• Disorder leads to genitalia that are not typically, or clearly, male or female
When his wife was pregnant, they performed a sonogram that revealed they would be having a baby boy.
A few years down the line, Peter Maingi, now a father of three, says he has gone through too much to handle. His child, now eight, was born intersex.
"Life changes a lot because you move from being stable and working to constantly being in the hospital," he said.
James Karanja, alias Mary Waithera, an intersex person, says parents to intersex children also go through their fair share of stigma and depression.
"My mother could not handle the depression that came with it, and she is mentally disabled now," he said.
Ryan Muiruri, aka Ruth Wangui, adds some parents are forced to kill their children or abandon them because they think the child is a curse.
"I was at a vernacular station a few years back and a mother called and opened up about how she had been forced to kill the 'thing' she had given birth to," he said.
"The husband gave her an ultimatum: either kill the child or he would leave her."
Maingi had vowed to hide the condition of his child from the world so he and his family could live in dignity.
His child has a variation referred to as mixed gonadal dysgenesis.
Children with this disorder may have one or two gonads (ovaries and testicles), which may be undescended and/or not easy to identify as typical testicles.
The disorder is a sex developmental disorder, where the gonads are abnormal, with some cells having XY chromosomes and some just a single X (chromosome Y mosaicism).
This results in a wide range of male or female genitalia that are not typically, or clearly, male or female.
FEAR OF STIGMA
When Maingi and his wife went for the first surgery, they thought the child had an undescended testicle.
"When the doctor came from surgery, it was so strange because the special doctor said our child did not have a testicle," he said.
They did a biopsy which revealed the chid had oval-testes on the right side. Initially, the doctors could not identify what was on the left side, only to later inform the new parents that it was an ovary.
Maingi's wife, who was first to receive the news, collapsed in hospital after the news was revealed to her. When Maingi found out, he was traumatised.
"The counsellors at the hospital talked to us and told us there were tests we could do to see how best to help the child," he said.
However, he did not anticipate how much his life would change. While still in hospital, a few attendants told the wife that it would be easier to kill the child.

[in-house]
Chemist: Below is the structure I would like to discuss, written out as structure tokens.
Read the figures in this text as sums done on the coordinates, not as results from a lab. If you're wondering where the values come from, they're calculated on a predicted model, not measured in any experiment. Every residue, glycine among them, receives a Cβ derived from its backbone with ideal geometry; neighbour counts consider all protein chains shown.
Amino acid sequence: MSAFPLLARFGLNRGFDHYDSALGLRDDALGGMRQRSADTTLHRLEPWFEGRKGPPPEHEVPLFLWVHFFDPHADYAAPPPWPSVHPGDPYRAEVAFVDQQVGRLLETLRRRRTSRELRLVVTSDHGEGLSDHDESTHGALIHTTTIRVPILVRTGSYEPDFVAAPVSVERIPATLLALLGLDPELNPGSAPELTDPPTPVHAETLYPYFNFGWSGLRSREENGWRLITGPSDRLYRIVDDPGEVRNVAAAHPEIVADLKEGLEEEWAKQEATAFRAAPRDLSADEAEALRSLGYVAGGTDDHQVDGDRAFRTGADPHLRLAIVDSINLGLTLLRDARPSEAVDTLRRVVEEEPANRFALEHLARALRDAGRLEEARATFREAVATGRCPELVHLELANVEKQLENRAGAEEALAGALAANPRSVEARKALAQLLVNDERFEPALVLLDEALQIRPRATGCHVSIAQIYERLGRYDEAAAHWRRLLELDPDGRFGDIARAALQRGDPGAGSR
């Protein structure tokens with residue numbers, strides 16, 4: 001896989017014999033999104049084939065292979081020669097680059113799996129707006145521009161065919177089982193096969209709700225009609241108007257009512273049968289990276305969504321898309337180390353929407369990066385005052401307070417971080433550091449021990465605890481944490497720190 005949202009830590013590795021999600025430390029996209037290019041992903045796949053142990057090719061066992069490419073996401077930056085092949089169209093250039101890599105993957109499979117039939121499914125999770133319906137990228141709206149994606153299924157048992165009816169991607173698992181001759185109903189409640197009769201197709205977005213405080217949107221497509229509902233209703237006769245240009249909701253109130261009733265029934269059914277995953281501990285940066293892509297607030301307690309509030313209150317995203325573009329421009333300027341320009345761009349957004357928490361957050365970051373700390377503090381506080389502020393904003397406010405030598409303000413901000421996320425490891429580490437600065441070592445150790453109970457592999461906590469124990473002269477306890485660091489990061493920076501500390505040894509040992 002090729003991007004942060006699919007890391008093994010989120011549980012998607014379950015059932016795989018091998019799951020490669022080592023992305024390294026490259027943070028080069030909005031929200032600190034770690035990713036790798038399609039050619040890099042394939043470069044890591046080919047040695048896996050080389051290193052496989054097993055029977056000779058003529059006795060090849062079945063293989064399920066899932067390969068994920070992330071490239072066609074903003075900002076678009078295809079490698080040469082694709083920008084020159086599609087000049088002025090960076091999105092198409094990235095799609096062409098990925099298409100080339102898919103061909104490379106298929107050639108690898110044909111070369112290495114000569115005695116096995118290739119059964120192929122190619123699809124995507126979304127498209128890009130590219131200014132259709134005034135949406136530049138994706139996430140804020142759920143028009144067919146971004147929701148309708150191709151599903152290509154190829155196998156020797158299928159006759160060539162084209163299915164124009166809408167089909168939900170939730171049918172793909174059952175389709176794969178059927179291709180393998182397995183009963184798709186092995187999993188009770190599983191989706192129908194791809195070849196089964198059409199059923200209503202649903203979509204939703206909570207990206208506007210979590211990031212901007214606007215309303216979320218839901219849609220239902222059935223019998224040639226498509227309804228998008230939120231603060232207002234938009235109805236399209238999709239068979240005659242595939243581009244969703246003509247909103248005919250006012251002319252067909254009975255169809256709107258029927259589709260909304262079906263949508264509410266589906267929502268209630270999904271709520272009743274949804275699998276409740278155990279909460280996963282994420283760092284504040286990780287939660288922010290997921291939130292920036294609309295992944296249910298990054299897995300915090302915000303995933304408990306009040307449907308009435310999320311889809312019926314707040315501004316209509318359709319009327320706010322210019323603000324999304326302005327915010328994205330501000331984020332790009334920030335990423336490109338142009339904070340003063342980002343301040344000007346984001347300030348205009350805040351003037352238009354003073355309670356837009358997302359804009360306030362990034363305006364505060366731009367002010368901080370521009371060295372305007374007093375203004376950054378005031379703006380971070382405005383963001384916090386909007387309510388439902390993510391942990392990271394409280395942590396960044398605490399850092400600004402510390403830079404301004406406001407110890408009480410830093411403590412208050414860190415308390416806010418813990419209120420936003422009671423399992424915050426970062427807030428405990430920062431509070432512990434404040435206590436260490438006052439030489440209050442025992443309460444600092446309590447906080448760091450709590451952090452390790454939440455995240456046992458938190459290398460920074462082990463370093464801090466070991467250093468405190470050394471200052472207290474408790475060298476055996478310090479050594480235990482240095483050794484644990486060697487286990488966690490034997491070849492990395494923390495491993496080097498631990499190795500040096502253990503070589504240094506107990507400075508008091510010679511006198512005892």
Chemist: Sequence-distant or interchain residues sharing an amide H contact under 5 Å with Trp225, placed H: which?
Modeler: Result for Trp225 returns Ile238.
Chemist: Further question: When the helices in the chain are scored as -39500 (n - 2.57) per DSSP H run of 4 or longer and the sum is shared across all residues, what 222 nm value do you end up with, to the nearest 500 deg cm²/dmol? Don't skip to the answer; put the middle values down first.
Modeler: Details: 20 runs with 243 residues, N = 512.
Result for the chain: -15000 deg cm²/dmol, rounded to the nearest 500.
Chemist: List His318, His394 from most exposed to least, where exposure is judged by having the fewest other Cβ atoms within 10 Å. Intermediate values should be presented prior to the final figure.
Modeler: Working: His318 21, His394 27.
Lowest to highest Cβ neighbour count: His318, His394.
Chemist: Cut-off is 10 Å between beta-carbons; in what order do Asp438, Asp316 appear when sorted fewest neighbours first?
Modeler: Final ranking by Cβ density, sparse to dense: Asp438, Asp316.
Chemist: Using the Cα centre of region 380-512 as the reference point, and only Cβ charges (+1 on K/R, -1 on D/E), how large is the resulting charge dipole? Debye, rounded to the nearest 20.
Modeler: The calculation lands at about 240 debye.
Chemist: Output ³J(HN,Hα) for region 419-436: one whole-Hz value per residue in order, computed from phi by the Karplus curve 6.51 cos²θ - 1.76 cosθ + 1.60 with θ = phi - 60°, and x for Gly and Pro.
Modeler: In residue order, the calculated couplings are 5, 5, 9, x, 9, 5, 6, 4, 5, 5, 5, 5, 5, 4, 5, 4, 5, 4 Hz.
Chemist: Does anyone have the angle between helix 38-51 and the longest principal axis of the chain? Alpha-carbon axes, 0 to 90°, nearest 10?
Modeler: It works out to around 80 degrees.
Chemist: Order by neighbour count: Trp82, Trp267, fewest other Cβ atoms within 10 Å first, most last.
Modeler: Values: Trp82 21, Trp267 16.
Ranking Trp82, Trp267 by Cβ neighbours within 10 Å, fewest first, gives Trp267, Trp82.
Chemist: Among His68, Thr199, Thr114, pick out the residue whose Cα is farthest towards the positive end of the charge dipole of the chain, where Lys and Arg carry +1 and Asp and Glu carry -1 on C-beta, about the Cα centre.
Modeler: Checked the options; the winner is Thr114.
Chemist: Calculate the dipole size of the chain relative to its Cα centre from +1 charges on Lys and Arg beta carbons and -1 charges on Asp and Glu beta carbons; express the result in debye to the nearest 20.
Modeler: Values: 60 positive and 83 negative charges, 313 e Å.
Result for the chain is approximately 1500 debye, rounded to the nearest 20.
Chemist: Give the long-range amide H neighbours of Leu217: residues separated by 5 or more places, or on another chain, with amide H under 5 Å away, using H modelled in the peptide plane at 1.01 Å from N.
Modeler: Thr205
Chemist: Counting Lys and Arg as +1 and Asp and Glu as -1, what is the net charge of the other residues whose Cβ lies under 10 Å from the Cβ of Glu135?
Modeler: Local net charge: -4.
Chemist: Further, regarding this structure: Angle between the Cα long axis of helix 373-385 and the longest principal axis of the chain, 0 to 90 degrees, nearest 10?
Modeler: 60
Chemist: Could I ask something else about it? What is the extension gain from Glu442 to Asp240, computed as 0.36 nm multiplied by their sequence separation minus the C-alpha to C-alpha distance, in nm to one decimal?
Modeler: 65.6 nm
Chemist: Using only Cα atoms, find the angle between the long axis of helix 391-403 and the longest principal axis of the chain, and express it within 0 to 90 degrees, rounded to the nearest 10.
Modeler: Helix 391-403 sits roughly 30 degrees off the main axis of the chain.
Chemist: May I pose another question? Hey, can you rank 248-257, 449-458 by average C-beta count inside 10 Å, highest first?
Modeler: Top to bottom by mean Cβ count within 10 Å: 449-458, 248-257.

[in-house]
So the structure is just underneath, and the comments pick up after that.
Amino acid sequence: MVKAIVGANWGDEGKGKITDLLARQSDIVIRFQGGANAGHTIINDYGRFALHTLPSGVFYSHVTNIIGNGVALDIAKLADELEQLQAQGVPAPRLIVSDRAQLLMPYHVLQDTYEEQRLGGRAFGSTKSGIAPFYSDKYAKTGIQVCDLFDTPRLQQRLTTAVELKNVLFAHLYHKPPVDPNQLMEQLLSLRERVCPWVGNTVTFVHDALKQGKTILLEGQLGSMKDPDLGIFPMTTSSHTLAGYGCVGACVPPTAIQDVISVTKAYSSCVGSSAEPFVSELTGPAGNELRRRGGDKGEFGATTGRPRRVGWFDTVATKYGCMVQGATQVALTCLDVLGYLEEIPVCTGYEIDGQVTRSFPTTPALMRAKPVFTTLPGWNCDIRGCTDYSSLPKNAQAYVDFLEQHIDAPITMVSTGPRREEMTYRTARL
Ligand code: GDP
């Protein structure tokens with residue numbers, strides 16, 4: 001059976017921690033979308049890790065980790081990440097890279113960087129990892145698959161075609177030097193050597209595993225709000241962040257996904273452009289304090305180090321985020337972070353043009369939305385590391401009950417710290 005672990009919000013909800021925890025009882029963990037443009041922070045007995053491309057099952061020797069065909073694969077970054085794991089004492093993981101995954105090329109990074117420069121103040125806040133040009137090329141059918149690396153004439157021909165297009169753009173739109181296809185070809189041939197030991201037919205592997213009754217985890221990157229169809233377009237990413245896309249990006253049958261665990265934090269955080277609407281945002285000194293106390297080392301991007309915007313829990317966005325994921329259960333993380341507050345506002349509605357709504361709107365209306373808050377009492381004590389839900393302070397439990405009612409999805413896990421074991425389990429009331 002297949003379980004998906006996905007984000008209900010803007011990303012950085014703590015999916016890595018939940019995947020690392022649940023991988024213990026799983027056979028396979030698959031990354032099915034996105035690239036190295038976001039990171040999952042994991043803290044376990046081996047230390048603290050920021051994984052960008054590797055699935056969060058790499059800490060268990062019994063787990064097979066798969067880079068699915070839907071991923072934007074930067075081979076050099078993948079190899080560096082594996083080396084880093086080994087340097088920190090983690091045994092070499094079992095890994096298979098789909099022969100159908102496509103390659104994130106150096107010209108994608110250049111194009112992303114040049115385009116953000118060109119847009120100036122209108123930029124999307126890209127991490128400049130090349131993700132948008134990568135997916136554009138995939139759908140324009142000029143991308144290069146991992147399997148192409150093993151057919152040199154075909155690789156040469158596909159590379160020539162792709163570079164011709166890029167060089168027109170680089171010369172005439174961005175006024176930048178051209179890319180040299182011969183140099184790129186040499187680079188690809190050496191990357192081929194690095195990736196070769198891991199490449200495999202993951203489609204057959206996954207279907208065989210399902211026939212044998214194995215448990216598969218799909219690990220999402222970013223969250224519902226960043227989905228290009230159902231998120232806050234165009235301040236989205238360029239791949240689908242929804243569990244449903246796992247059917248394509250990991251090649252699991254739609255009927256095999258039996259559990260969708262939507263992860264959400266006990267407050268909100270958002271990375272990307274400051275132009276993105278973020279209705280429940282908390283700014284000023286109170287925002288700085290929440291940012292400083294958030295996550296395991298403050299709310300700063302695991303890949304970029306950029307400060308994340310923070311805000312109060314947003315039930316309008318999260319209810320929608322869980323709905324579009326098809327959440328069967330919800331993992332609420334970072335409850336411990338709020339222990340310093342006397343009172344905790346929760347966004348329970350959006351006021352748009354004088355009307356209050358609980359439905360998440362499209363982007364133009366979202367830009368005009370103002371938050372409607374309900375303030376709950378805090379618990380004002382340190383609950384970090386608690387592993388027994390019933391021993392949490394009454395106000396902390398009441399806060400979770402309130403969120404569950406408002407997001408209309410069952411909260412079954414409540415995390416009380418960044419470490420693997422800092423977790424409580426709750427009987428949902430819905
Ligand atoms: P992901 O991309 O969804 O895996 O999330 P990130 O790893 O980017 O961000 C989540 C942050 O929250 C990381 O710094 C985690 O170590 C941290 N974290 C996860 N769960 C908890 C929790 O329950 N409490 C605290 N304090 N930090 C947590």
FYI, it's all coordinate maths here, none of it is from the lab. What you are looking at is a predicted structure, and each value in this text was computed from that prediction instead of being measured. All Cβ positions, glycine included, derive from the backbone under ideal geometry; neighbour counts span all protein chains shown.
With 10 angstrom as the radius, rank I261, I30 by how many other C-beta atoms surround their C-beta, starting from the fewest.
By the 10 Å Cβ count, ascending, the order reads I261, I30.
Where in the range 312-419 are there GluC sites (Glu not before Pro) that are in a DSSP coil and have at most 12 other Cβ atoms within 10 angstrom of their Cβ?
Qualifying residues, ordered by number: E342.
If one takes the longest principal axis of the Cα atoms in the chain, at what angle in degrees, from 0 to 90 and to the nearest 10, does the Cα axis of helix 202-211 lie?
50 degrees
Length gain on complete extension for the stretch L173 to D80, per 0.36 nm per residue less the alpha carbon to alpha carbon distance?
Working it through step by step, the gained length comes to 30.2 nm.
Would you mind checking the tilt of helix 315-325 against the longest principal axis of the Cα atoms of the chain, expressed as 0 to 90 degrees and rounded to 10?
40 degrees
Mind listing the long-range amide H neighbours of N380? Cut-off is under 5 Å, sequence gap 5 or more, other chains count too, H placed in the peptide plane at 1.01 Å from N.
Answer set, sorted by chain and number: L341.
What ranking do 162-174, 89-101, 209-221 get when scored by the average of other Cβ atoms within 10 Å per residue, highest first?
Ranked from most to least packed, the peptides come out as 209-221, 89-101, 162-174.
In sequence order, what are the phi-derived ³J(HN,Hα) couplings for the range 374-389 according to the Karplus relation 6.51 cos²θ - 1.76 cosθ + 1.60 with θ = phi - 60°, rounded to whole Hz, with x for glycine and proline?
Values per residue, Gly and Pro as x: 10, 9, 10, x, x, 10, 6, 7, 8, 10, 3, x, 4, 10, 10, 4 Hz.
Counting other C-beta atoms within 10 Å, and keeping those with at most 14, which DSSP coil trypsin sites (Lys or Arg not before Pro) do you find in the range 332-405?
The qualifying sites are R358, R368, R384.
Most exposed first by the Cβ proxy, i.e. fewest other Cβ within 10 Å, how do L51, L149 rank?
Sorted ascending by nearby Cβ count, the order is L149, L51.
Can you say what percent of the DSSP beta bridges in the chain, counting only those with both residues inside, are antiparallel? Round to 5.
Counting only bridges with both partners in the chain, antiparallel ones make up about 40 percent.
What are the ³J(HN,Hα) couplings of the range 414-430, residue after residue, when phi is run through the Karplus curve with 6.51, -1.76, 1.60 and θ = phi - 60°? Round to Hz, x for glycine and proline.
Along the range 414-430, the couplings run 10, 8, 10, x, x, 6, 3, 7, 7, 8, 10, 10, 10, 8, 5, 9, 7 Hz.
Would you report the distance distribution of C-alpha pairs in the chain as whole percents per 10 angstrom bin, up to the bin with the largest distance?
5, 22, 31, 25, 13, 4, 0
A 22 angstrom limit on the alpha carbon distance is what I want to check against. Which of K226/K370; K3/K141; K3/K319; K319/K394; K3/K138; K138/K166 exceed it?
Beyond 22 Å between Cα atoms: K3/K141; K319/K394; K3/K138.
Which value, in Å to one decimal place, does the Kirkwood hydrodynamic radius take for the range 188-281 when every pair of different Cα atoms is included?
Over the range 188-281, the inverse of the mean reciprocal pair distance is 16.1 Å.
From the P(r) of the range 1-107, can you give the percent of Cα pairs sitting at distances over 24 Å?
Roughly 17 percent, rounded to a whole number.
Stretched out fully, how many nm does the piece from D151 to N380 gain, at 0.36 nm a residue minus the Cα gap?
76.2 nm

"However, I told my wife not to kill the child and started studying the condition to understand it better and what needs to be done," he said.
He was also advised to divorce his wife because children born intersex are considered a curse.
"I said I would keep people from knowing this situation to save my child, and so that we could live a dignified life," he said.
Maingi has had to transfer his child from three different schools to protect him from bullies and those curious to "see what is under there".
He says he is scared for his child because people born intersex are very suicidal due to stigma, social exclusion and ridicule in the community.
For instance, James and Ryan revealed they have tried to commit suicide several times.
The father was also worried because intersex persons drop out of school at the onset of puberty and are exposed to many procedures to 'normalise' them.
Maingi says he has lost so many friends during his eight-year journey.
"If you tell friends to help, they cannot because I was unable to tell them the exact condition of my child," he said.
The financial implications of seeking treatment and running tests for the child have also seen his property get auctioned by banks for failing to repay loans.
"The eight years my child is today, my child has been in the hospital for four, and this affected work because you have to attend to the child," he said.
His wife also developed hypertension and was at one point suicidal.
"She one time felt that we can commit suicide because she just wanted us to feel like normal people in the society," he said.
So far, he has spent over Sh4 million in hospital, seeking treatment.
"When the banks were auctioning us and I tried to explain my child's condition, they said we were pretending because the child to them looked normal," he said.
Maingi estimates he needs Sh10 million in total to handle the condition so the child can live healthily.
Another challenge faced by Maingi is how to explain to the child the intersex nature. The child once asked him why they were constantly in the hospital and if he would one day be able to urinate 'normally' like the brother.
"It becomes so difficult but the only thing I have been doing is telling him that I love him and he is special, you are unique and not like any other," he said.
"However, depending on the age, it is difficult to explain the innermost details because there is the physical and the inner. I have not yet explained the innermost details."
He has also been requested by counsellors to start counselling sessions.
STAND TO BE COUNTED
On Saturday, Kenya will be the first country in the world to organise and incorporate in its national census a sex marker for intersex persons.
According to the UN Free and Equal Campaign, an estimated 0.05 to 1.7 per cent of children in every population are born intersex.
Kenya National Commission on Human Rights commissioner Jedidah Waruhiu pointed out that this would translate to about 23,925 to 813,425 intersex persons in Kenya. This is judging by the Kenya National Bureau of Statistics 2018 population statistical estimates of 47 million people.
Waruhiu urged intersex persons to come out in large numbers and be counted as the outcome will determine the policy and legal reviews that would directly affect their welfare.
"Being intersex is not being abnormal. It is just the third sex marker," she said.